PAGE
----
The traditional mode of conducting science involves reading related articles, selectively evaluating datasets and “thinking through” testable hypotheses. Data was the bottleneck in this traditional scientific method, reserved only for final testing. With the rise of high-throughput experiments and sensors, the associated production of enormous data, and publication of more papers on many topics than any individual or team can peruse, the same artisanal approach to hypothesis generation both slows and narrows the scope of science relative to its potential. For one common disease (i.e., diabetes), more than 500,000 articles have been published to date. If a scientist read 20 papers per day, it would take 68 years, by which time millions more will have been published. We need computational approaches to read, reason, and design hypotheses that transcend the capacity of individual teams. We need to deploy scientific creativity not only to craft individual questions, but the models and algorithms that will generate the most promising collections of questions. In short, we need computation to generate Big Questions equal to Big Data.
Spangler et al. (2014) recently proposed an approach to accelerate scientific progress by the combination of mining, visualizing, and analyzing related publications on a subject to propose hypotheses that are new, testable, and likely to ring true for domain experts. They found that even relatively simple approaches can help domain experts generate useful hypotheses which lead to significant discoveries in a complex domain. Other promising approaches have leveraged network theory (Liu et al. 2009), genetic algorithms (Schmidt and Lipson 2009), and alternative modeling approaches, linking literature, medical records (Blair et al. 2013) and high-throughput data.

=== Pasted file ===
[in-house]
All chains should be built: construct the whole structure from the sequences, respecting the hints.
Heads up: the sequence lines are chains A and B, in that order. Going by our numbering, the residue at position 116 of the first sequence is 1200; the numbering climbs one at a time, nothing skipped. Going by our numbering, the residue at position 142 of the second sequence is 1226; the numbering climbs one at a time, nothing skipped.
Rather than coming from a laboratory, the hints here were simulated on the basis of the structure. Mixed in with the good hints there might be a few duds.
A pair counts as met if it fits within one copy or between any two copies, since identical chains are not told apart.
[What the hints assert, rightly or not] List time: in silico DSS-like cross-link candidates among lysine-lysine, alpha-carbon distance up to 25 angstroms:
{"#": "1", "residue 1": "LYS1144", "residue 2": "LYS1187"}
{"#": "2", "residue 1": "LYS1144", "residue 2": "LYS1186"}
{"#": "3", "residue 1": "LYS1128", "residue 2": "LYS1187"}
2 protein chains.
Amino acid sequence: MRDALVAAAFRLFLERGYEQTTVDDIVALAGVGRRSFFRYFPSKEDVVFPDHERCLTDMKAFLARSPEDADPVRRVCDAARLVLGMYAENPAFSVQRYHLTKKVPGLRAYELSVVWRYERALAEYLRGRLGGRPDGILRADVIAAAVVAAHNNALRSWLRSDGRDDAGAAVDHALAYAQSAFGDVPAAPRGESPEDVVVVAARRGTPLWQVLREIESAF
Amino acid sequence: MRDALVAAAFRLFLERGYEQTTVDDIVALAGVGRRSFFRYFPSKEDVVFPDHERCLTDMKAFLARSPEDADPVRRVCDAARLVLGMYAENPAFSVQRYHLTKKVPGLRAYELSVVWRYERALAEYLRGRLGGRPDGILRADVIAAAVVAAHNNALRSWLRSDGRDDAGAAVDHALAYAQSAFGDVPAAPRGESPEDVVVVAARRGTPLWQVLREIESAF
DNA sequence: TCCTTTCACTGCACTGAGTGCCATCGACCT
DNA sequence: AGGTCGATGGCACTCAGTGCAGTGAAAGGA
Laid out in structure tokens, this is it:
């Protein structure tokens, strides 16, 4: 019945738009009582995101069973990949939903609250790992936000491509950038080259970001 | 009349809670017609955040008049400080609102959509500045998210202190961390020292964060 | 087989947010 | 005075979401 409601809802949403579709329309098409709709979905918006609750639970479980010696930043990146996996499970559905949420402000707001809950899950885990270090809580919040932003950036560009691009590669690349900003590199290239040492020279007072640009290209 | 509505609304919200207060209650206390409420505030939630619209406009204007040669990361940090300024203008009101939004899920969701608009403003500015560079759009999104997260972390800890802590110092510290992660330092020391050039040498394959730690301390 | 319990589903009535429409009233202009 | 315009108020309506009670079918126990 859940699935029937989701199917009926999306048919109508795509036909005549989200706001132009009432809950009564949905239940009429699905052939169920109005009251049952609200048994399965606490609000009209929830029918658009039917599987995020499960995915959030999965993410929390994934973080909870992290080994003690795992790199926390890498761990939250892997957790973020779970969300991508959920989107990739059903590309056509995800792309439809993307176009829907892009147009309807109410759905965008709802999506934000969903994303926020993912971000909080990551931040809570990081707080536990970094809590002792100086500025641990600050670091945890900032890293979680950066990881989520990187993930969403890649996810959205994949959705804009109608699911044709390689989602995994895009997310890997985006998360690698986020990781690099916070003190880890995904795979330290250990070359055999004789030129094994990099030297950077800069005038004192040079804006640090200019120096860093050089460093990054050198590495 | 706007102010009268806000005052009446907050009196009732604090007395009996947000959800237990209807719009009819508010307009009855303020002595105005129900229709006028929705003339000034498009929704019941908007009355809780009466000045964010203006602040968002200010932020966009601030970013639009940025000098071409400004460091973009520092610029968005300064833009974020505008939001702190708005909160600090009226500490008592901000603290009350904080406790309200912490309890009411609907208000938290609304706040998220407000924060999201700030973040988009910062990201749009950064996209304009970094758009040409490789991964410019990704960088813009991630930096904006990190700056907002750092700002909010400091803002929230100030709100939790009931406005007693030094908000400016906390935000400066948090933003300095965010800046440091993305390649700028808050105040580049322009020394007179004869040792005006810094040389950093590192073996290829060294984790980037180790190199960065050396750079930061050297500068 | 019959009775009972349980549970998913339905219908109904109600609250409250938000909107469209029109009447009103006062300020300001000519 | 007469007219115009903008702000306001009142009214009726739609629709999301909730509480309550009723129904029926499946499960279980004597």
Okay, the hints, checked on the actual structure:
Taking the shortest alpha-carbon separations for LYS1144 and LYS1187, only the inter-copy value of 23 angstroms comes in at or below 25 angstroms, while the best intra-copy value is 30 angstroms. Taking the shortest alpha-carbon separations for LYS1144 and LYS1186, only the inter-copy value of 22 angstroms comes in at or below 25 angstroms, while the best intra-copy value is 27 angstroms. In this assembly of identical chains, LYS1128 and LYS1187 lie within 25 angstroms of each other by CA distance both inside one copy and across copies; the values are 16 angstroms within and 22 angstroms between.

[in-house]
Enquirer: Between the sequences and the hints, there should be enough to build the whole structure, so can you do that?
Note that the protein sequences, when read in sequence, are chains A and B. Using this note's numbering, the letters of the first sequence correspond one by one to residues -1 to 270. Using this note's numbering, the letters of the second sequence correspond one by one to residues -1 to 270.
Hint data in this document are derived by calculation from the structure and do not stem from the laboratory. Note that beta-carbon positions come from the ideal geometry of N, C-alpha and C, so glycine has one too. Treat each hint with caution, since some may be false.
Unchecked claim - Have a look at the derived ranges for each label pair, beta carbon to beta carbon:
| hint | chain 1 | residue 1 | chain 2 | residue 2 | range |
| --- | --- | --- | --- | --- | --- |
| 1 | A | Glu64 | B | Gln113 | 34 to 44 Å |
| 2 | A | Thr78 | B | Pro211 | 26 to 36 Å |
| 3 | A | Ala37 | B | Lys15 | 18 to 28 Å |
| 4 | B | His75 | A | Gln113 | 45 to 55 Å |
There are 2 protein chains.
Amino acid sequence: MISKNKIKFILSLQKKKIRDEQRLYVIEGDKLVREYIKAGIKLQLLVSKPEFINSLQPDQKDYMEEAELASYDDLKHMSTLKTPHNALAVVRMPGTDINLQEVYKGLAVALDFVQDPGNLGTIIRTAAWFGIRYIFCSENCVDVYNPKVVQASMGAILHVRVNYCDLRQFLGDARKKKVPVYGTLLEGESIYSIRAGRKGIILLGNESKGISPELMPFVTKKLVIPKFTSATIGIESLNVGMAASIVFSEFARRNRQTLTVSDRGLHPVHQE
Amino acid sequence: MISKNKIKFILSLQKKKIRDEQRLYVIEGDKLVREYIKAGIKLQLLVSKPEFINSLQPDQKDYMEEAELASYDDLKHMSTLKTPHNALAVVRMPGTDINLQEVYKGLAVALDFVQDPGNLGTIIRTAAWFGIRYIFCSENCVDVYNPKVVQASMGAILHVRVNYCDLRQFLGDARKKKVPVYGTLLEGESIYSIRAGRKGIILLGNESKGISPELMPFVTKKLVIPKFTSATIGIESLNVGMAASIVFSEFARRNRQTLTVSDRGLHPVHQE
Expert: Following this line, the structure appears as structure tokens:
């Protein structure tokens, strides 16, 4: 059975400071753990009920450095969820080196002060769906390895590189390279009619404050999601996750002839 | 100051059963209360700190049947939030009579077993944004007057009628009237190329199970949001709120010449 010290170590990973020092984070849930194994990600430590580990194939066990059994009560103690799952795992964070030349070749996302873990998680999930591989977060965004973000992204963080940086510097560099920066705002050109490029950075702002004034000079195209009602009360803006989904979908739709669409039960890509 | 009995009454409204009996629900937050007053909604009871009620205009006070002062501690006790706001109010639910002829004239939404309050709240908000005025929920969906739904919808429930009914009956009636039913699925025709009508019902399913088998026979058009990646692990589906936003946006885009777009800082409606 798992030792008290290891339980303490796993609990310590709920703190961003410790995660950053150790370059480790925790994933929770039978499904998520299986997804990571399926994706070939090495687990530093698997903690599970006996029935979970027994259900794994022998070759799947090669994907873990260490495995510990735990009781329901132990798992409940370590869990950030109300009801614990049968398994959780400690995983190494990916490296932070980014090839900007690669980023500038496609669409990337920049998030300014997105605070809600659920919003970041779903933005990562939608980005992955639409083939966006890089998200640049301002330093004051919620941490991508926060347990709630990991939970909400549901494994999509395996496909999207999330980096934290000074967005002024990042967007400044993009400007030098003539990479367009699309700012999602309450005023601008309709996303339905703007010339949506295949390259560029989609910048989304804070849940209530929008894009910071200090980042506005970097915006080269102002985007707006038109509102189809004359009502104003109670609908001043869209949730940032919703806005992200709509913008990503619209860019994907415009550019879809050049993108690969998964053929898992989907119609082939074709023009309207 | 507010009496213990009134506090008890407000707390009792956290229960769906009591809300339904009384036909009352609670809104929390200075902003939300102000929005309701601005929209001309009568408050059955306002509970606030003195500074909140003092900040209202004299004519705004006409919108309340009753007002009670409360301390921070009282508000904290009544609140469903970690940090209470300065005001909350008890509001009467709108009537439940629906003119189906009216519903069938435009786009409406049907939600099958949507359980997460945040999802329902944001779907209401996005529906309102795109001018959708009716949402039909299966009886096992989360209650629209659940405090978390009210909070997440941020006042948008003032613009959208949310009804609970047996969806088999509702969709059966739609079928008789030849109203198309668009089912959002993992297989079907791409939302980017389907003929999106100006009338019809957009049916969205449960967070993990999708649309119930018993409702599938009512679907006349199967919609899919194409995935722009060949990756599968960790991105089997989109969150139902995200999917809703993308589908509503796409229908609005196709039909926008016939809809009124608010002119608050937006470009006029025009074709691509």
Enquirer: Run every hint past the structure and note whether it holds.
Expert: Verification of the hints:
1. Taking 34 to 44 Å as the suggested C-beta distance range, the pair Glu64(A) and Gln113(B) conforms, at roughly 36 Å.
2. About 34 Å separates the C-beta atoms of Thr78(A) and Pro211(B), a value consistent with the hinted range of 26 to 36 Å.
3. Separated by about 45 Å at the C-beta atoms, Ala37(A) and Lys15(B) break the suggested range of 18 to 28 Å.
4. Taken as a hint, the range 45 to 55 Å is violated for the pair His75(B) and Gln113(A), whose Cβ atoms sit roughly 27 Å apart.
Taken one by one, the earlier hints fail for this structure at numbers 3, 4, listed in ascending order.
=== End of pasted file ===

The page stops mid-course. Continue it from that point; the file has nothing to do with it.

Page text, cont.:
Here we call for contributions from the best global teams working on computational hypothesis generation to share their insights and move this field forward to generate scientific, technological and societal impact. Ultimately, we hope that this event will visibly bring data and computation up the value chain of science from answers and certainty to questions and creativity.
Blair, D. R., Lyttle, C. S., Mortensen, J. M., Bearden, C. F., Jensen, A. B., Khiabanian, H., ... & Jensen, L. J. (2013). A nondegenerate code of deleterious variants in Mendelian loci contributes to complex disease risk. Cell, 155(1), 70-80.
Liu, J., Ghanim, M., Xue, L., Brown, C. D., Iossifov, I., Angeletti, C., ... & Al-Ahmadie, H. A. (2009). Analysis of Drosophila segmentation network identifies a JNK pathway factor overexpressed in kidney cancer. Science, 323(5918), 1218-1222.
Schmidt, M., & Lipson, H. (2009). Distilling free-form natural laws from experimental data. Science, 324 (3), 81-85.
Spangler, S., Wilkins, A. D., Bachman, B. J., Nagarajan, M., Dayaram, T., Haas, P., ... & Stanoi, I. (2014, August). Automated hypothesis generation based on mining scientific literature. In Proceedings of the 20th ACM SIGKDD international conference on Knowledge discovery and data mining (pp. 1877-1886). ACM.
Indiana University Bloomington 2017